Jan 7th 2013 marks the exciting beginnings for my second year at RHS Wisley. I am taking over custodianship of the Canal, Walled gardens, Conifer lawn and surround. For me, and I am sure many other families this is the quintessential vision of Wisley and one I have known of old.
Even today children were repeating the ritual of observing the carp in the lilied pond as I was aged 4 in 1985.
Here my brother Henry and I are standing a stones throw away from the Wisteria I am about to prune! I am even sporting the stylish Wisley Green with my hair a flash of red; untameable as ever.
So I have destiny on my side, but on less nostalgic note I have found my greatest grounding in this new role from my work to date in the Model Gardens at Wisley. The continual mend and make new of the home garden, which is challenging and stimulating has been exchanged for the haute couture of the gardening world, with climbers like jewels on north, south, east and west walls and bedding schemes to wow on a six month rotational show. This is the front stage and I want to share the experience with you.
Jan 25th 2012
The snow has held our work in a white sheet of suspense. The cold cloak cleans edges and blends boundaries helping you to see the structure of your garden. This is a perfect time to observe the patina of the landscape and plan the yearly changes and developments that make a living garden.
For me, here at Wisley the focus is also on discovery and as I am sure, if you have ever taken on a mature garden, you will understand the joy of discovering a hidden plant. A year presents many changes as bulbs and herbaceous plants appear. But there is something about the starkness of winter that helps you to focus on the usually blurred lines of the backdrop as the pruning eye glances over what winter jobs are waiting for you.
During this practical search I have found a gem of a tale that I want to share. A story of a Champion Tree (largest measured specimen in the UK). All of you who have been to Wisley have passed it, although I wonder how many keen eyes have noticed it? The Hippophae at the beginning of the Conifer Lawn opposite the sundial. The specimen tree has gnarled, dark brown bark and a twisted, scratchy silhouette on the sky. The tree itself strains away from the path towards the lilied waters of the Canal below. But its stems and extending growth reach out behind to catch unsuspecting passers-by on their way to the butterflies in the Glasshouse. This uninviting rebuff was the practical problem that put the Hippohphae in the spotlight.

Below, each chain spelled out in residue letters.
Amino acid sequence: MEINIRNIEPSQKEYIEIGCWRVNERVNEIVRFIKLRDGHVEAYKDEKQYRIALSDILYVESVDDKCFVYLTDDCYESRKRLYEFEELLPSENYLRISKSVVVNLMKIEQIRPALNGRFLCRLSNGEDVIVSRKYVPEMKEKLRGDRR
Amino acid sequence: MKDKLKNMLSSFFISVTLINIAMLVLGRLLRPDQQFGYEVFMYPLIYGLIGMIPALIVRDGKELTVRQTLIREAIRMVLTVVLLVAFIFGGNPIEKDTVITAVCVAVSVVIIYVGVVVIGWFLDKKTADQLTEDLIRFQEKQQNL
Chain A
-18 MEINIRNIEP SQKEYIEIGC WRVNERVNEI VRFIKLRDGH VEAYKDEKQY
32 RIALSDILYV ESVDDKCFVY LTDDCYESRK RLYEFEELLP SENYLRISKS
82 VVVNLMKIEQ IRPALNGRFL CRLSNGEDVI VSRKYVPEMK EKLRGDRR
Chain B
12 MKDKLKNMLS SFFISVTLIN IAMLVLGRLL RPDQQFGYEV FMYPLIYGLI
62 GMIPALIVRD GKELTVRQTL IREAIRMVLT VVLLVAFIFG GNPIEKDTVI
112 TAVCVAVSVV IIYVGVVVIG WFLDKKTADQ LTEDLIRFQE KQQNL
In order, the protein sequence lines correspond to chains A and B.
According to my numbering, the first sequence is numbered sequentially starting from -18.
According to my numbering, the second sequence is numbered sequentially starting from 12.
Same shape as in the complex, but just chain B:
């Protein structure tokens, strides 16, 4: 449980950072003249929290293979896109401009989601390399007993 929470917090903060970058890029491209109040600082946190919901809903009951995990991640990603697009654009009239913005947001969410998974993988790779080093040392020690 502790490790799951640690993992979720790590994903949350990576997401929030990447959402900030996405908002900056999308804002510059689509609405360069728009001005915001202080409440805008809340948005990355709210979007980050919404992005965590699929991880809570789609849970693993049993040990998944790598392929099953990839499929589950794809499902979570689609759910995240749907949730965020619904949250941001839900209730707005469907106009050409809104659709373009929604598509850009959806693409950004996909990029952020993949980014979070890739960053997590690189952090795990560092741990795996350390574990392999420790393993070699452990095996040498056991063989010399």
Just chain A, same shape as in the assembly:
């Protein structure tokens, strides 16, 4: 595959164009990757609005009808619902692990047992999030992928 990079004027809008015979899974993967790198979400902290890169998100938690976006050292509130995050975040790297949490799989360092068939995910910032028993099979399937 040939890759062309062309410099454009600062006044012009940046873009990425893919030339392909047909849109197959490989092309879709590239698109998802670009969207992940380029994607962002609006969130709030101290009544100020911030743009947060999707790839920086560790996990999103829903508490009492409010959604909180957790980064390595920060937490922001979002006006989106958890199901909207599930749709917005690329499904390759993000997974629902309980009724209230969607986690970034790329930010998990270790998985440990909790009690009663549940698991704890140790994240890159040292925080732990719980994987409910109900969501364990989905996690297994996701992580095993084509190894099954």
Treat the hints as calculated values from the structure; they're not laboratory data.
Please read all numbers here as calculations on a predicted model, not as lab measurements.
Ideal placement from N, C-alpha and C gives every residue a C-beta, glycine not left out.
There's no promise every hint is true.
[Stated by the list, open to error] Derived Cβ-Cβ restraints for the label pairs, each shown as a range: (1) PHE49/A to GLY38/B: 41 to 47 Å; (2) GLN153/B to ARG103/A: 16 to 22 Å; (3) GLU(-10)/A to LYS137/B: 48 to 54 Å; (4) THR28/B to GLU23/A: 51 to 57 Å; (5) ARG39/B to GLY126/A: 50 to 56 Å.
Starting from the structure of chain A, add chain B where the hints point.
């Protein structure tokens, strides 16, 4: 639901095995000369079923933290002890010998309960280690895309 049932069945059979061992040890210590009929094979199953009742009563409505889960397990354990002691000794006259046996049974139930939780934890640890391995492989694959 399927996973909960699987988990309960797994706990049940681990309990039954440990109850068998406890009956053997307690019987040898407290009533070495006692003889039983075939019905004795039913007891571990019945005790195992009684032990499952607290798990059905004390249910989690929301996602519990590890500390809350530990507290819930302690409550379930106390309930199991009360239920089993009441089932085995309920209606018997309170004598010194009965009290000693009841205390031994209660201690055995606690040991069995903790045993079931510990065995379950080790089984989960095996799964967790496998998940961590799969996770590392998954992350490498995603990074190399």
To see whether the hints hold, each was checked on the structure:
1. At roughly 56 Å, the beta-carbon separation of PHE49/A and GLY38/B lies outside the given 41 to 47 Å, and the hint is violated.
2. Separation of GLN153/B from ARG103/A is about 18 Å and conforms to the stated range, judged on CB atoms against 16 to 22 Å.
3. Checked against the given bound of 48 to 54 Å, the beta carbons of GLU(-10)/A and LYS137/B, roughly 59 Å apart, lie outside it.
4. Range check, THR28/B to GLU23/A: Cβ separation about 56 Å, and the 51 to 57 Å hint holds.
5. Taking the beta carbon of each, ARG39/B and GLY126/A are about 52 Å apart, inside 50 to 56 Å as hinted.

Hippophae rhamnoides subsp. sinensis is a relative of the Uk native H. rhamnoides or sea buckthorn, though the genus is distributed all over the world. This variety of the genus is the only tree form; otherwise it is a sturdy coastal shrub with fine, silvery, lanceolate leaves and delicious looking, orange berries.
This is where the story becomes exciting our H. sinensis, a native of China and was sourced from Tibet in 1947 the same time as Heinrich Harrer (author of ‘Seven Years in Tibet’) was communing with the Dalai Lama. The Chinese threat was looming and some how a seed came to Surrey brought by Ludlow, Sherrif and Elliot? Here the trail dries up, but I will do more diggin’! But it is not just the history, there is an interesting modern challenge, as a dioecious plant it needs a partner to flower and fruit, the tree itself needs to be female to fruit but even so a partner sourced from the same region retracing the steps of past plant hunters, sounds like a tantalising dream.
This is where gardening becomes thrilling. Filling you with awe and wonder at nature as a living connection to our past. Some food for thought next time that ancient tree or shrub whacks you round the chops. Think as you selectively prune 'are you trying to tell me something?'